The competition for places at medical schools is extremely high and as a result medical schools employ additional selection criteria. The document Medical degree guidance August 2016 describes the sorts of things you should look out for in relation to Mathematics and Further Mathematics when considering an application.
There are two issues that Further Mathematics students should consider when applying to medical schools.
Until recently many medical schools would not include both Mathematics and Further Mathematics qualifications in their offers. Fortunately this is now changing. In many cases medical schools will include one grade from either A level Mathematics or Further Mathematics in their offer. Some will also accept Further Mathematics as an additional fourth subject at A or AS level.
However there are still some medical schools which do not count Further Mathematics and Mathematics as two separate qualifications. In a check, carried out in August 2016, of admissions information for entry 2017 to UK medical schools, about half placed restrictions on the applications involving Further Mathematics alongside A level Mathematics.
The schools that do not count A level Further Mathematics with Mathematics for 2017 entry are: Birmingham, Cardiff, UEA, Edinburgh, Glasgow, Hull York, Keele, Lancaster, Leeds, Leicester, Liverpool, Manchester, Barts, Queens University Belfast, Sheffield, Southampton and St Andrews; however, some of these courses accept Further Mathematics at AS level. It is important to check the websites of individual medical schools for the most up to date information prior to applying.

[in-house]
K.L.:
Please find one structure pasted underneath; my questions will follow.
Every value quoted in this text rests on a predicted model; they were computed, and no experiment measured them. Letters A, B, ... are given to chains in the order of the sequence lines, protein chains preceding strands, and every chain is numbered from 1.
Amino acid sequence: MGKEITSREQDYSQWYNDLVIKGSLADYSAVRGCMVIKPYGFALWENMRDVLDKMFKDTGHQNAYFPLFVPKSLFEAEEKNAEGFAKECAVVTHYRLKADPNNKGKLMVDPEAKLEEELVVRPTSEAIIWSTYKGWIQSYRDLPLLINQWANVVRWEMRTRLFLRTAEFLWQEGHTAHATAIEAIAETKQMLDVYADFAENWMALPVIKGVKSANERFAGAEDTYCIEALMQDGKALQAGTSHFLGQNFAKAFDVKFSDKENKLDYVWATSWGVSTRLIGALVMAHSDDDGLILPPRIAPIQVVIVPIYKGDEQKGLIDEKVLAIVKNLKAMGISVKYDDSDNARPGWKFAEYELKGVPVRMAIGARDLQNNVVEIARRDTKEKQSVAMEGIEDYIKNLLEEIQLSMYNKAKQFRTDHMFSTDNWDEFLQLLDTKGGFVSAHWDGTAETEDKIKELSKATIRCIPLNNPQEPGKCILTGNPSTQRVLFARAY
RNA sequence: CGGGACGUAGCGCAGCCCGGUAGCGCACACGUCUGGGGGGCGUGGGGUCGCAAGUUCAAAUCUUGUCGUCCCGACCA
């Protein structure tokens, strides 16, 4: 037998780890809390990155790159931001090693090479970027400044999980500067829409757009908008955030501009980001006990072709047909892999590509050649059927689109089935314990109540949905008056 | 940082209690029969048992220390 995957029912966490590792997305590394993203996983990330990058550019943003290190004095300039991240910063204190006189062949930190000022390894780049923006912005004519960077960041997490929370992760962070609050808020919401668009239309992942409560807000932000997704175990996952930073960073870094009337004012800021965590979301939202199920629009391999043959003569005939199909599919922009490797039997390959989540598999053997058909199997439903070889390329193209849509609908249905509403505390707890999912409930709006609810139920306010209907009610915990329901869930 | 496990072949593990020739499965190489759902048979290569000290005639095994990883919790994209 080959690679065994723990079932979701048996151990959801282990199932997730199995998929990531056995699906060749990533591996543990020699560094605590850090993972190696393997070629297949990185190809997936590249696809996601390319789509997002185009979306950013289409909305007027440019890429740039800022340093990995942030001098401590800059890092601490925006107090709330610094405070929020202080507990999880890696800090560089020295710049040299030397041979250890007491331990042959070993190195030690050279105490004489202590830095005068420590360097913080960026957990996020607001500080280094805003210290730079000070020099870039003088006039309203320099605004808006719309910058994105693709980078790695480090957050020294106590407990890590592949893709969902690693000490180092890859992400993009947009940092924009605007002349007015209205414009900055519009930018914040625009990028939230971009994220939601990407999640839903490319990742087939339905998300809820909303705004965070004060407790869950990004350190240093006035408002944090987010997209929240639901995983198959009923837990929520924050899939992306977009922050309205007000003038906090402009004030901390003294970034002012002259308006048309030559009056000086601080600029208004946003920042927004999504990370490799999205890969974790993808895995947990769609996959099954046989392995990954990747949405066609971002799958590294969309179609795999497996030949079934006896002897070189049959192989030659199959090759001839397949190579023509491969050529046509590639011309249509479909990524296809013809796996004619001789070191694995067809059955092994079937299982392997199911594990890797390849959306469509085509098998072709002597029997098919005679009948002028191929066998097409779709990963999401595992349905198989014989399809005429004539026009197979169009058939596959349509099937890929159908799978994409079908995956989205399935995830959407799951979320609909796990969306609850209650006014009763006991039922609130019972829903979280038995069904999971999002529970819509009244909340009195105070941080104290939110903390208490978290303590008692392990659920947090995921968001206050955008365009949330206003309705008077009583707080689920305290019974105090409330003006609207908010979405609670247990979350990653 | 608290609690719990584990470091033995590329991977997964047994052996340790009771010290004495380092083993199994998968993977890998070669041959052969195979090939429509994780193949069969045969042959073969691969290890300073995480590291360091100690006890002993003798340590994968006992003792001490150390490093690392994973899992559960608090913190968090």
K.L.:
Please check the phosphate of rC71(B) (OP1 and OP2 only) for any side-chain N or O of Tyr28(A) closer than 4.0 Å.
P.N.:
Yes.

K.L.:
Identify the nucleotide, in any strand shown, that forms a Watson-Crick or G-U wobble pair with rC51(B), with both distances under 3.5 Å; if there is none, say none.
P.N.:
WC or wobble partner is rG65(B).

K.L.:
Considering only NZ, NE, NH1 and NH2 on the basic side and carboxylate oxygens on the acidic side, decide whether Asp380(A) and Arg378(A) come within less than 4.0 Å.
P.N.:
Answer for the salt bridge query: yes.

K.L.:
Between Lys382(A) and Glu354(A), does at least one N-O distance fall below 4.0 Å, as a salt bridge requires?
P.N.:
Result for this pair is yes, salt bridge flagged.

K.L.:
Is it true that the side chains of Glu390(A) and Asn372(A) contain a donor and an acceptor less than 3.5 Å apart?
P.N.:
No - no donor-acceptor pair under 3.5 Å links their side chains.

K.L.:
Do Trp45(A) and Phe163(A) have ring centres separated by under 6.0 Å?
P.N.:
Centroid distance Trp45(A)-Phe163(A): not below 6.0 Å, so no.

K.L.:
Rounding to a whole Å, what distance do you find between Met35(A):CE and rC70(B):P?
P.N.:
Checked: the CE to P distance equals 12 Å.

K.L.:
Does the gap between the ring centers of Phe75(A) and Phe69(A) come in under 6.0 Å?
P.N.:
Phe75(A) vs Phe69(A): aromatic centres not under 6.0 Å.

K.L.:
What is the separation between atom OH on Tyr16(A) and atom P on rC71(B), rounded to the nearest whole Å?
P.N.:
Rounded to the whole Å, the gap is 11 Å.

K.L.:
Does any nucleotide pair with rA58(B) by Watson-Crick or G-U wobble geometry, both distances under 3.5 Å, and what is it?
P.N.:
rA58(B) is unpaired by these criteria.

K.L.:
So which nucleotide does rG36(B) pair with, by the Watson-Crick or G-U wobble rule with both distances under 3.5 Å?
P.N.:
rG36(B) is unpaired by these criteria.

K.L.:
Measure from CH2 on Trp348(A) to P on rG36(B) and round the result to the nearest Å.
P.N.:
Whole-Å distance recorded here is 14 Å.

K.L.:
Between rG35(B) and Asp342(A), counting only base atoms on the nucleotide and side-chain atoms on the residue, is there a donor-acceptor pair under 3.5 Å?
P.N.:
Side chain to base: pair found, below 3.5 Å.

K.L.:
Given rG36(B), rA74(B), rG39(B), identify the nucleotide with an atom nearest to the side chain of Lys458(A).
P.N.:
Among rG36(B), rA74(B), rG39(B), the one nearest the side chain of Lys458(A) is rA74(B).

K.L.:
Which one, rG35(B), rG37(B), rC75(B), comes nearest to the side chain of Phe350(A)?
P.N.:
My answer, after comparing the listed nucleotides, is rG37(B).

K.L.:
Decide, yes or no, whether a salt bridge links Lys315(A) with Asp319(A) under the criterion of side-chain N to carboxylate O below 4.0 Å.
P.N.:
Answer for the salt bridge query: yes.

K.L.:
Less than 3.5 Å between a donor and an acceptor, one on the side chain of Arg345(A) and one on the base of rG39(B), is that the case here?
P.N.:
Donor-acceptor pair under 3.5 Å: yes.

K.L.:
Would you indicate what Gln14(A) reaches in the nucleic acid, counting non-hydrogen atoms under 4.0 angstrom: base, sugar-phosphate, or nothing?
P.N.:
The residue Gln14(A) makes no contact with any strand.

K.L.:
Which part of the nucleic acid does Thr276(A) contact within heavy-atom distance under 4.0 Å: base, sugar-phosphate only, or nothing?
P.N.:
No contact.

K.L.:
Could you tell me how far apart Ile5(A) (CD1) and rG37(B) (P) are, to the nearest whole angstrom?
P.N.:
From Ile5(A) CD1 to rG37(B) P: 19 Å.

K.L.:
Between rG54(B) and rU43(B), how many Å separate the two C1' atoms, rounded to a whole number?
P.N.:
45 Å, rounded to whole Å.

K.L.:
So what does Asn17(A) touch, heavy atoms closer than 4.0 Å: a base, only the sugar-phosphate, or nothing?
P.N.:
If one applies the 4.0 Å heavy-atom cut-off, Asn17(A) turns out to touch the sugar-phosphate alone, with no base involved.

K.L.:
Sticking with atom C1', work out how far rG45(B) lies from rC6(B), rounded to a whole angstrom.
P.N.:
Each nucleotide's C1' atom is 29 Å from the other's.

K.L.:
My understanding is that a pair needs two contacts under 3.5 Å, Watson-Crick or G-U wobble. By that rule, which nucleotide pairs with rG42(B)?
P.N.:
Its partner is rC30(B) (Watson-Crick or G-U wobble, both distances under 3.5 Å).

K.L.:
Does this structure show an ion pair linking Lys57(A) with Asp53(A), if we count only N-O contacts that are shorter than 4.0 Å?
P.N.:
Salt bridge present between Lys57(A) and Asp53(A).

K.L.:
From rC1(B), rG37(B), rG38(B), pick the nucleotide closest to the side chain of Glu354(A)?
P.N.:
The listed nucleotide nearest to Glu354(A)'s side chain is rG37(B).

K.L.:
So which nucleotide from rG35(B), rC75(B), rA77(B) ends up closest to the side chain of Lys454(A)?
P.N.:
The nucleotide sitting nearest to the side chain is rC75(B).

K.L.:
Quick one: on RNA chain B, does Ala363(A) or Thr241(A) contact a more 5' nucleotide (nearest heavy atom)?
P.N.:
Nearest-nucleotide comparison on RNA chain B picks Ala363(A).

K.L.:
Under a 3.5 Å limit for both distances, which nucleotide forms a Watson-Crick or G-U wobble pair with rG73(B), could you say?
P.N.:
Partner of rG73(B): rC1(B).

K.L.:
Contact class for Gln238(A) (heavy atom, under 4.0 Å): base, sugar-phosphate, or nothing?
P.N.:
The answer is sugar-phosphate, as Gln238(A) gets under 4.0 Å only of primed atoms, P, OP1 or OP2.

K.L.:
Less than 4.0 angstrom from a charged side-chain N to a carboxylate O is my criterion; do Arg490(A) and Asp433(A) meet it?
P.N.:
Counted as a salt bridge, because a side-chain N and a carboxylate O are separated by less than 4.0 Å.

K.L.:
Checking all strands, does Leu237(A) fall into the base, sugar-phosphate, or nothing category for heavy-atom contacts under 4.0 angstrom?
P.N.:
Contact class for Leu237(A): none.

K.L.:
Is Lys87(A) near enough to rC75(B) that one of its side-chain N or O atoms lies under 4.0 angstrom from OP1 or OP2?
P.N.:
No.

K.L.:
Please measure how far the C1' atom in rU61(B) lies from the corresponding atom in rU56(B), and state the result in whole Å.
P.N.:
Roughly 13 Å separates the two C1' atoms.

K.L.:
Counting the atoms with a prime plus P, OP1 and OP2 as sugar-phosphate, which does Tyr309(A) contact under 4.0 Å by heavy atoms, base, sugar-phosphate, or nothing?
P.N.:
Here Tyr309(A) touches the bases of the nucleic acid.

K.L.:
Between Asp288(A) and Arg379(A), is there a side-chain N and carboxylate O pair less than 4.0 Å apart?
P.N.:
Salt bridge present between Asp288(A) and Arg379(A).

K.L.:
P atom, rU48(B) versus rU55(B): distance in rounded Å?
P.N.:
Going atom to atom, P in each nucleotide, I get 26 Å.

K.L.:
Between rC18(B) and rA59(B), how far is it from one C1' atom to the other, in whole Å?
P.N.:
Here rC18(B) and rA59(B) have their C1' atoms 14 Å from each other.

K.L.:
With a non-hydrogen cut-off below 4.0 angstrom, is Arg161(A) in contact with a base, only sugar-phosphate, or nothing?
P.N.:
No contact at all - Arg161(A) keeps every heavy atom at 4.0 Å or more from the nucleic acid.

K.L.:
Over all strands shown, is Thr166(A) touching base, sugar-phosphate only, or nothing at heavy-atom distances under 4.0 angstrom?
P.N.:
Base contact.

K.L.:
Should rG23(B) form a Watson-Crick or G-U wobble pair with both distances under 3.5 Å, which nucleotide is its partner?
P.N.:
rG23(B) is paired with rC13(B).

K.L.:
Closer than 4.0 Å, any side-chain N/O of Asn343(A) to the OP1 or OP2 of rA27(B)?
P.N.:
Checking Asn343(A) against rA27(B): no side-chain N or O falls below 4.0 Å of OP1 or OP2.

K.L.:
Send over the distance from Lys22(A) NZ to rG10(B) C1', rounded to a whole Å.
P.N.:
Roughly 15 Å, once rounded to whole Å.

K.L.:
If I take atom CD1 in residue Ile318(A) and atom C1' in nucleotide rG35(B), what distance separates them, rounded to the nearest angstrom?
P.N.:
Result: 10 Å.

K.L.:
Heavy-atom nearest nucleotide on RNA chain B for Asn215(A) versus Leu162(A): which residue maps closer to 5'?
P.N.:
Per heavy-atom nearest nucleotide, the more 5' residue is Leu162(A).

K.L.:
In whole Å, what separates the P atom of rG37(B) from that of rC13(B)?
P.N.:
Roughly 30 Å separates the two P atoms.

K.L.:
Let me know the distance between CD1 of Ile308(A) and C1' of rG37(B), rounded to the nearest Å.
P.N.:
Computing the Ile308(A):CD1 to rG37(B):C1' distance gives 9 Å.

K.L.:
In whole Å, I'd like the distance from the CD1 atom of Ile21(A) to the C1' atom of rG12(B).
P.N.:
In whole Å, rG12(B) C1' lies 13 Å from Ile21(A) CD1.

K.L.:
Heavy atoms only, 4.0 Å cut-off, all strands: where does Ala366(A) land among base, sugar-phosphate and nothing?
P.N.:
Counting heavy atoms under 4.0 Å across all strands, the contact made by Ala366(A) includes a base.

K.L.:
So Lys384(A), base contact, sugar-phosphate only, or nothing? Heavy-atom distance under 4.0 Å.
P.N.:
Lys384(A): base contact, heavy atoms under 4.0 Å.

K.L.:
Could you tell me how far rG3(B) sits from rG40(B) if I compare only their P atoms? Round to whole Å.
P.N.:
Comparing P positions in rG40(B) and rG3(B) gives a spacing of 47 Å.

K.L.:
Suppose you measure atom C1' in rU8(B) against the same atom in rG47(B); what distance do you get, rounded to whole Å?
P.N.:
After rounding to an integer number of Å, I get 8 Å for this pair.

If students have completed A level Mathematics in Year 12 some medical schools will not count this in their offer. They insist that all A levels in the 3 subjects making up their offer are sat at the end of Year 13. Students completing A level Mathematics at the end of Year 12 would be made an offer based on their grade in Further Mathematics (taken at the end of Year 13), and two other subjects. Schools and colleges that arrange their Mathematics and Further Mathematics programme in this way should consider contacting medical admissions tutors at the universities to which their students have applied to explain the situation.
There are good reasons why prospective medical students should continue to study Mathematics and Further Mathematics.
The importance of studying mathematics in preparation for a career in medicine was outlined in an October 2016 BBC News article Maths become biology's magic number in which Sir Rory Collins is quoted as saying "If you want a career in medicine these days you're better off studying mathematics or computing than biology."
The document A100 Medical degree entry requirements for 2017 lists UK medical schools and their entry requirements, highlighting references to Further Mathematics. The document is based on data collected in August 2016, and in some cases requirements may have changed.
Always check directly with the medical admission tutor of the university you are interested in applying to.
If you have any queries relating to Further Mathematics and medical schools, please contact Kevin Lord.